Workout Gear – Does it Make Difference?

A couple years ago I threw out the sneakers, er…shoes in which I ran the Boston Marathon decades ago. I wish I kept them, because my memory of the soles grows thinner. I am certain the soles were not much thicker than a couple layers of corrugated cardboard.

And I think I ran in some old gym shorts, with a raggedy T-shirt.

Rarely is that outfit seen worn by any serious athlete, or even a weekend warrior.

For many years I was in suspended disbelief about the value of technology in sports equipment, but with the innovation of parabolic skis a decade ago, I slowly changed my mind.

Lately I have been wondering if innovation in the actual athletic clothing makes any difference. I can accept that psychologically there is doubtless benefit in thinking that you have spent more money to get better performance, but until I gave it a go I was happy to workout in a T-shirt and cheap shorts (much to my wife’s chagrin).

Endeavor Athletic Apparel has launched a line of athletic wear that begins to explain the growth in the market. (My daughters won’t workout in anything other than Lululemon, so I know they are convinced). Endeavor was started by a group of elite athletes, who determined that the apparel is a critical component of the sport. “Endeavor saw a need for athletic clothing that acted as equipment—focused on performance under pressure, not trendy patterns or names meant to distract from poor quality.”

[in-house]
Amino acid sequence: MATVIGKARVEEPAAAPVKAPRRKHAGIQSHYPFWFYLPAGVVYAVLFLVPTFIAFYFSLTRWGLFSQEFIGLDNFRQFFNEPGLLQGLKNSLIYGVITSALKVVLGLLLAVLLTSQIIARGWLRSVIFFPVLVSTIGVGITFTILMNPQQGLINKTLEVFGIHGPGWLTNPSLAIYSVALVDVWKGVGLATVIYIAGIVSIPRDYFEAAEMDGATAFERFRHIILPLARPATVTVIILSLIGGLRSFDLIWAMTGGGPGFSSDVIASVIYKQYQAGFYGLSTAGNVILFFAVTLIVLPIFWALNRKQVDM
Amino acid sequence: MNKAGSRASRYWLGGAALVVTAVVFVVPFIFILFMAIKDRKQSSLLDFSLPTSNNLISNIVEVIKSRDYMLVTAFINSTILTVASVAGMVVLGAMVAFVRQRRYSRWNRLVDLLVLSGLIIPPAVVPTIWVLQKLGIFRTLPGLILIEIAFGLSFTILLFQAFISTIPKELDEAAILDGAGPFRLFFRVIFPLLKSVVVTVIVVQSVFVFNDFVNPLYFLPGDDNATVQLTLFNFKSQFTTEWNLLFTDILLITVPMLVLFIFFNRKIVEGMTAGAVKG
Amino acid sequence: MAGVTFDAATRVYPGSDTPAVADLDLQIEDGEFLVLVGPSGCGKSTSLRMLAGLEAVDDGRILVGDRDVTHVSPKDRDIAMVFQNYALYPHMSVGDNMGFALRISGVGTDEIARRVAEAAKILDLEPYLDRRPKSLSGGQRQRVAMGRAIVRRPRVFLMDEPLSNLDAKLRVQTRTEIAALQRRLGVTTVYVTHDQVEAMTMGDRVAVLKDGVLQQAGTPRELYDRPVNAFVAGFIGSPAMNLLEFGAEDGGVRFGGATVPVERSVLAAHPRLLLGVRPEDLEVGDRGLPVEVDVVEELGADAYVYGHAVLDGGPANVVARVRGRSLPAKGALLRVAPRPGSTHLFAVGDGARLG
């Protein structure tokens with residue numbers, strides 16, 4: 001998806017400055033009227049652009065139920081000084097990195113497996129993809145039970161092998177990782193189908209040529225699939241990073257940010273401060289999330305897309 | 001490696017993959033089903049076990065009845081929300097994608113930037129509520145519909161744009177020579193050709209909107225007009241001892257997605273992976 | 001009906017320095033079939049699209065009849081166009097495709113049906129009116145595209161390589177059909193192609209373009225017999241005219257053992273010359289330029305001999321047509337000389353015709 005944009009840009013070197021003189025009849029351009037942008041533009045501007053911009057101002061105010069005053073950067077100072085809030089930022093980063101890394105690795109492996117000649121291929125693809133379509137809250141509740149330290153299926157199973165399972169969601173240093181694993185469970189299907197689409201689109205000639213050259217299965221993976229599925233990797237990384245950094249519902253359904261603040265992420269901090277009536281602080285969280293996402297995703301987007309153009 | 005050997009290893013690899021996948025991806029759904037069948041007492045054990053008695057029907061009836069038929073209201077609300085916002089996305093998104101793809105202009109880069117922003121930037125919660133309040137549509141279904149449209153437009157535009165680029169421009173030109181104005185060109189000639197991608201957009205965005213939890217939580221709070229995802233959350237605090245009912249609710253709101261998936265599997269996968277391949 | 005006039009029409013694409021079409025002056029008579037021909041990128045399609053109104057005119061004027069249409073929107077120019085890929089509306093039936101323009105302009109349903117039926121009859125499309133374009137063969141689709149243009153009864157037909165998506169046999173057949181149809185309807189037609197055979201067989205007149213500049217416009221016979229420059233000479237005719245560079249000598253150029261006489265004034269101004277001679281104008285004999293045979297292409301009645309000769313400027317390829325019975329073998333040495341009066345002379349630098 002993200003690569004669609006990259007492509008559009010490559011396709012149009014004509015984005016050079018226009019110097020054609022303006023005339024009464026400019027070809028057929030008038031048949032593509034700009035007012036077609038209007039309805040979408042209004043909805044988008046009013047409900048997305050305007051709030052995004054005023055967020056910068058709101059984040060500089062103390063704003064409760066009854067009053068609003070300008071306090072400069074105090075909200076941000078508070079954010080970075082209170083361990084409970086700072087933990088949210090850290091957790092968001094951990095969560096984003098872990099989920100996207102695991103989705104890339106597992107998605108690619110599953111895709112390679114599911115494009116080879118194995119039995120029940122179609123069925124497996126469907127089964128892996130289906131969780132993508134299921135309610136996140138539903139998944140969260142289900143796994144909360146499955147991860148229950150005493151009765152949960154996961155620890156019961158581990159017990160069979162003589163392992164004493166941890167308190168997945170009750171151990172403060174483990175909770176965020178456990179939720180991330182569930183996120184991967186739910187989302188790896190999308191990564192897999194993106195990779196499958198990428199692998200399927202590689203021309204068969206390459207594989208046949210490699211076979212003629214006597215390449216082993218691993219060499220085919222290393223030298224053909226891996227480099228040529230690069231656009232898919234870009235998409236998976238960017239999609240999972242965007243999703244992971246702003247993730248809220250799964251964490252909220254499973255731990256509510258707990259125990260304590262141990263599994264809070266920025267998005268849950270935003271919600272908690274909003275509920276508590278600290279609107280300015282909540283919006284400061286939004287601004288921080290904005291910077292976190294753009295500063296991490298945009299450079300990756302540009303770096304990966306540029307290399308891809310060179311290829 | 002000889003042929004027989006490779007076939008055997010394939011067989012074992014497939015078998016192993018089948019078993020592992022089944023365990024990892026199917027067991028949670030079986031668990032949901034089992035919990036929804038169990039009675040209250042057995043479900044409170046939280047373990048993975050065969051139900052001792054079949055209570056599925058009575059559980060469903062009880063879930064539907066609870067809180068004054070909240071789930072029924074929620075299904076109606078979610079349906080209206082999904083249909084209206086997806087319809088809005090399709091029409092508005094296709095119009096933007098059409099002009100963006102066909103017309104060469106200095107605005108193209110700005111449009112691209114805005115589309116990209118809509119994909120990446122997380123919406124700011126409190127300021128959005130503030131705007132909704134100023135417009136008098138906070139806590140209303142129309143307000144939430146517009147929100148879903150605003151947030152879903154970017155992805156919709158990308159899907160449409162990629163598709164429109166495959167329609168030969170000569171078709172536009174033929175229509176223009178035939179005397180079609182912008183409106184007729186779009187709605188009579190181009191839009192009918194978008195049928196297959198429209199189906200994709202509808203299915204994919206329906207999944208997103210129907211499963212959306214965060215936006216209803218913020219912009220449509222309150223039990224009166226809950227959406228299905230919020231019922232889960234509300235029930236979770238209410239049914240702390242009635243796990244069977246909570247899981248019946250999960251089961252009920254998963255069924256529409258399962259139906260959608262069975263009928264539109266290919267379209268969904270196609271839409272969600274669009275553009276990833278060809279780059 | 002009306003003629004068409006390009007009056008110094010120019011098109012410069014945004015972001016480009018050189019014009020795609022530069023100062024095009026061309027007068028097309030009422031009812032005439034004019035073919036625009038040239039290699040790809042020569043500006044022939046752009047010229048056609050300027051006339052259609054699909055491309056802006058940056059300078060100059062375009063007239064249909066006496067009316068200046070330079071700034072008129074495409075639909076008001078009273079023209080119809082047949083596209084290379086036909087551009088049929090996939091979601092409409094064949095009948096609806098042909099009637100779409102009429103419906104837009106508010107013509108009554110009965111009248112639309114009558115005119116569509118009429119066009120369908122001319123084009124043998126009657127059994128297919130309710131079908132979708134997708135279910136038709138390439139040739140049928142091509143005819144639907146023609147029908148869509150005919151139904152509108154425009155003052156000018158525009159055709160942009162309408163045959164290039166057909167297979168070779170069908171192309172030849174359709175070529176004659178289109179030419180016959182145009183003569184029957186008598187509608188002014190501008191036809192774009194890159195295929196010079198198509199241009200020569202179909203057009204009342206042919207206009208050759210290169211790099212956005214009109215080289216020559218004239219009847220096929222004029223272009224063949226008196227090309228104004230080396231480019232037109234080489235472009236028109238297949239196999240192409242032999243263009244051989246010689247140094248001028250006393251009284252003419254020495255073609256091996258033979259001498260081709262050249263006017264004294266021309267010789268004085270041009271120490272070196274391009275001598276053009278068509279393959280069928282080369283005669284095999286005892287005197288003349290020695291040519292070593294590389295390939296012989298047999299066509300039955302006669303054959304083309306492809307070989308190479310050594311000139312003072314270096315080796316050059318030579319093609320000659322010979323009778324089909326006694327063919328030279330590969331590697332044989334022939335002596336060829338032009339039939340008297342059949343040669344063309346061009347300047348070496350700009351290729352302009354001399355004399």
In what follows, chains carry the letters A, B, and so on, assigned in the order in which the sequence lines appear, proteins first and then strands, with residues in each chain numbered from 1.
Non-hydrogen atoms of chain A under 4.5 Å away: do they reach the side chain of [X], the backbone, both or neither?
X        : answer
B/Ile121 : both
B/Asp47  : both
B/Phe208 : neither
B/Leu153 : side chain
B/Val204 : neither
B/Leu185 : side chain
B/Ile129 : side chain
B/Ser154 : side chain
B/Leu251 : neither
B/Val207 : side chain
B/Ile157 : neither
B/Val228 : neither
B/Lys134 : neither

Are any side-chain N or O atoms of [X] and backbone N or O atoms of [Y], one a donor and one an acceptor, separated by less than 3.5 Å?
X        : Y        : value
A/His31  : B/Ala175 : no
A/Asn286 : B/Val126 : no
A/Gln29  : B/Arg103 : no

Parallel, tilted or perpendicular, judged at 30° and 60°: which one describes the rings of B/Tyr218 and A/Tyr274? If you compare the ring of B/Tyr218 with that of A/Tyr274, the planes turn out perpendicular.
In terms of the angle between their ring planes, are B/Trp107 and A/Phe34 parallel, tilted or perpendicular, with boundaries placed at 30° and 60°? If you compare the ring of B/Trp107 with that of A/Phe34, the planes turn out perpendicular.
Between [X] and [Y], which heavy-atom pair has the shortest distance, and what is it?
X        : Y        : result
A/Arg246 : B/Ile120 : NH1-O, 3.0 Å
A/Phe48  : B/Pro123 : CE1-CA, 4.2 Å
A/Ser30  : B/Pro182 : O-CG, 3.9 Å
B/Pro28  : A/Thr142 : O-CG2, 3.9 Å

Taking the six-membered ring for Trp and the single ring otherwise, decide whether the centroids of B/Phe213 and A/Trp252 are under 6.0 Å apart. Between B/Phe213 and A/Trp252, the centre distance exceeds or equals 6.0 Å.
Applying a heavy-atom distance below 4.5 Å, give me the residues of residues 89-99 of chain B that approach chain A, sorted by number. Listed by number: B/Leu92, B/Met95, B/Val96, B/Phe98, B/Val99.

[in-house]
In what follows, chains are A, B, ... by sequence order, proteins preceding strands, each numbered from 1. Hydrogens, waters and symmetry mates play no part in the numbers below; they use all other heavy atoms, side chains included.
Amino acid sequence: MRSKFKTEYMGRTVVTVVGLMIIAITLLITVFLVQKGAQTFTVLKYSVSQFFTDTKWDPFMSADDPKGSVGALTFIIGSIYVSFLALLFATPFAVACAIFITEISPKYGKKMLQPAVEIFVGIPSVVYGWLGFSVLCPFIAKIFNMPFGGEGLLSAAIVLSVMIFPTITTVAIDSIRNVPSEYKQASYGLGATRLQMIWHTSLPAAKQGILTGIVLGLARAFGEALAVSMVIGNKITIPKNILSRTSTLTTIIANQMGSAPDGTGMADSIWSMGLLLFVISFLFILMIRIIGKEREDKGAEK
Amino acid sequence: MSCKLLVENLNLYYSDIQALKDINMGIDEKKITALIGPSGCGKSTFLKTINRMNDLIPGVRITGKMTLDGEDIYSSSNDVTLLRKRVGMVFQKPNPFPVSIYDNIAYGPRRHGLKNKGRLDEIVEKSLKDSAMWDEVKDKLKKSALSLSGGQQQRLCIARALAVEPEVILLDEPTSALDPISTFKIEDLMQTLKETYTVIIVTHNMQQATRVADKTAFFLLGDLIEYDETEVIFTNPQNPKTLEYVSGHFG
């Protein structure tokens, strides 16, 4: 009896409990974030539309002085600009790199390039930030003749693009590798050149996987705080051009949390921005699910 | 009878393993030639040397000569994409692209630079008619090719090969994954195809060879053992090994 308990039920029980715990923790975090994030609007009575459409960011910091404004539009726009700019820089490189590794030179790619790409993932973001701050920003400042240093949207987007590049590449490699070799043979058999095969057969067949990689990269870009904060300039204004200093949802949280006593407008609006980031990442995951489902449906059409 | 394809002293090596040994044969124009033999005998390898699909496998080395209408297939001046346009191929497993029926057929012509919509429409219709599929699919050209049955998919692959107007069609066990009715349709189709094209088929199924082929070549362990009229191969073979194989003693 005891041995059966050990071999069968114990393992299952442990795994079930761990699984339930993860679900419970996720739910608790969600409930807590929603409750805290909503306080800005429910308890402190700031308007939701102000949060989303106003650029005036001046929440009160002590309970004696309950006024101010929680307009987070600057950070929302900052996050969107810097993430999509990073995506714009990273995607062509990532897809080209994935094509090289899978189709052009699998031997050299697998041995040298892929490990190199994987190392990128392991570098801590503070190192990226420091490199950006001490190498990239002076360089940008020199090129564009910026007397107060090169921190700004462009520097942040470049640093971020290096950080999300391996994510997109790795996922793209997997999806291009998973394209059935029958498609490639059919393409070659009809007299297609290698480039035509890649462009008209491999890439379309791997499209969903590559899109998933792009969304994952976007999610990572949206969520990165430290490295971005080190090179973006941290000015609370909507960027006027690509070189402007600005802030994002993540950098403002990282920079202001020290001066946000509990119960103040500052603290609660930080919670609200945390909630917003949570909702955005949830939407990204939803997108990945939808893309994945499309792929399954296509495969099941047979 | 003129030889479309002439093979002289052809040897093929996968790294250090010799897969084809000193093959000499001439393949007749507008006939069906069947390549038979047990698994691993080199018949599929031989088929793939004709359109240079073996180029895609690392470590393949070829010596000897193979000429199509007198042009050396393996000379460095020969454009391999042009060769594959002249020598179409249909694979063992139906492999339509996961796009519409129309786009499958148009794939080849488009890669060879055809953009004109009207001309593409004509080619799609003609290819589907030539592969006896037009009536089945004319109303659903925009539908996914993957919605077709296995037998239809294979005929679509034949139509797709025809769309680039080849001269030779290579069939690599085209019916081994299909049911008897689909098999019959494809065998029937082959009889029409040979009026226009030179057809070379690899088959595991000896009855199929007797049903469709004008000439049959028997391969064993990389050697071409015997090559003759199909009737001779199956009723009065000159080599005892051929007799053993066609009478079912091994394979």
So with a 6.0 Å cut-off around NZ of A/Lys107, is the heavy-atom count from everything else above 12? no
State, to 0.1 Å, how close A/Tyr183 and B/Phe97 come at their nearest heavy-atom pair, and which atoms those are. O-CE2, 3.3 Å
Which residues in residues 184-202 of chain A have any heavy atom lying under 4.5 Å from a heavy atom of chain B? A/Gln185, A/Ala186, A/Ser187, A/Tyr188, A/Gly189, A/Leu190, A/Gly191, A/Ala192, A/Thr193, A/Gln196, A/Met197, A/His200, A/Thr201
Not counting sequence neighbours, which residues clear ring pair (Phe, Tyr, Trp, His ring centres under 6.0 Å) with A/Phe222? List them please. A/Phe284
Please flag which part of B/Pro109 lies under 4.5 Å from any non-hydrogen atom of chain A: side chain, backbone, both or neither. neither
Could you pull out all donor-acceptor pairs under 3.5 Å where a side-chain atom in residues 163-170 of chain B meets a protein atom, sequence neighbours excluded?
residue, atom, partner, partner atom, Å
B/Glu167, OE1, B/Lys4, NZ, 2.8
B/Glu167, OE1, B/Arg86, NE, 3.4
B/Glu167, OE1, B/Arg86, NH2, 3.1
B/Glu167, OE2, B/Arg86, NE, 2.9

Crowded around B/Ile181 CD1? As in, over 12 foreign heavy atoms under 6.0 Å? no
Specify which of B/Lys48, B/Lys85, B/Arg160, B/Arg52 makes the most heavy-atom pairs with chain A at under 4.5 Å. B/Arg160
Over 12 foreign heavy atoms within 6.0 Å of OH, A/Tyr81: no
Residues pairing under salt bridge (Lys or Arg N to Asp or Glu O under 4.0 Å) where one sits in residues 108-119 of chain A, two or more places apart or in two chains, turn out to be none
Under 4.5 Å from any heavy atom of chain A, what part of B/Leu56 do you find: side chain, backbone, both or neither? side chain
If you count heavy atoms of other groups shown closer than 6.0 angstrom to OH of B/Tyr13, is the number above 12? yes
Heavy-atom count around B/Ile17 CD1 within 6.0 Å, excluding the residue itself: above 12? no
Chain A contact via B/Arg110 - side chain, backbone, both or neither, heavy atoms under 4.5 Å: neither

The innovators looked at fabrics and technology to improve performance of the clothing. For instance, they use polygiene to limit odor-causing bacteria. They deployed textile technologies such as Trizar, which is Space Certified through NASA. Trizar dries quickly, and reflects or absorbs heat depending on the intended use (which seems to answer the age old punchline about the grizzly guy when he first saw that a Thermos can work with either hot or cold liquids – ‘how do it know?’).

The heat management spreads the sweat across a larger area, therefore increasing comfort while working out. That was the case with the Tech Tee ($68); I noticed I was far less sweaty after my usual circuit training. The mesh design afforded better ventilation.

The Sport Short ($60) was equally comfortable, likely due to the four way stretch fabric. I don’t know how anyone designs or buys shorts without pockets, so these met my needs.

The days and evenings will eventually get cooler, and I look forward to slipping into the Hoody ($120); the mesh-lined hood has shock-cord cinching.

Where does that leave me? Increasingly convinced that with the disposable income, you can improve your workout experience.

 

 

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Brad Auerbach has been covering the media, entertainment, travel and technology scene for many years. He has written for Forbes, Time Out London, Village Voice, LA Weekly and early in his career won a New York State College Journalism Award.

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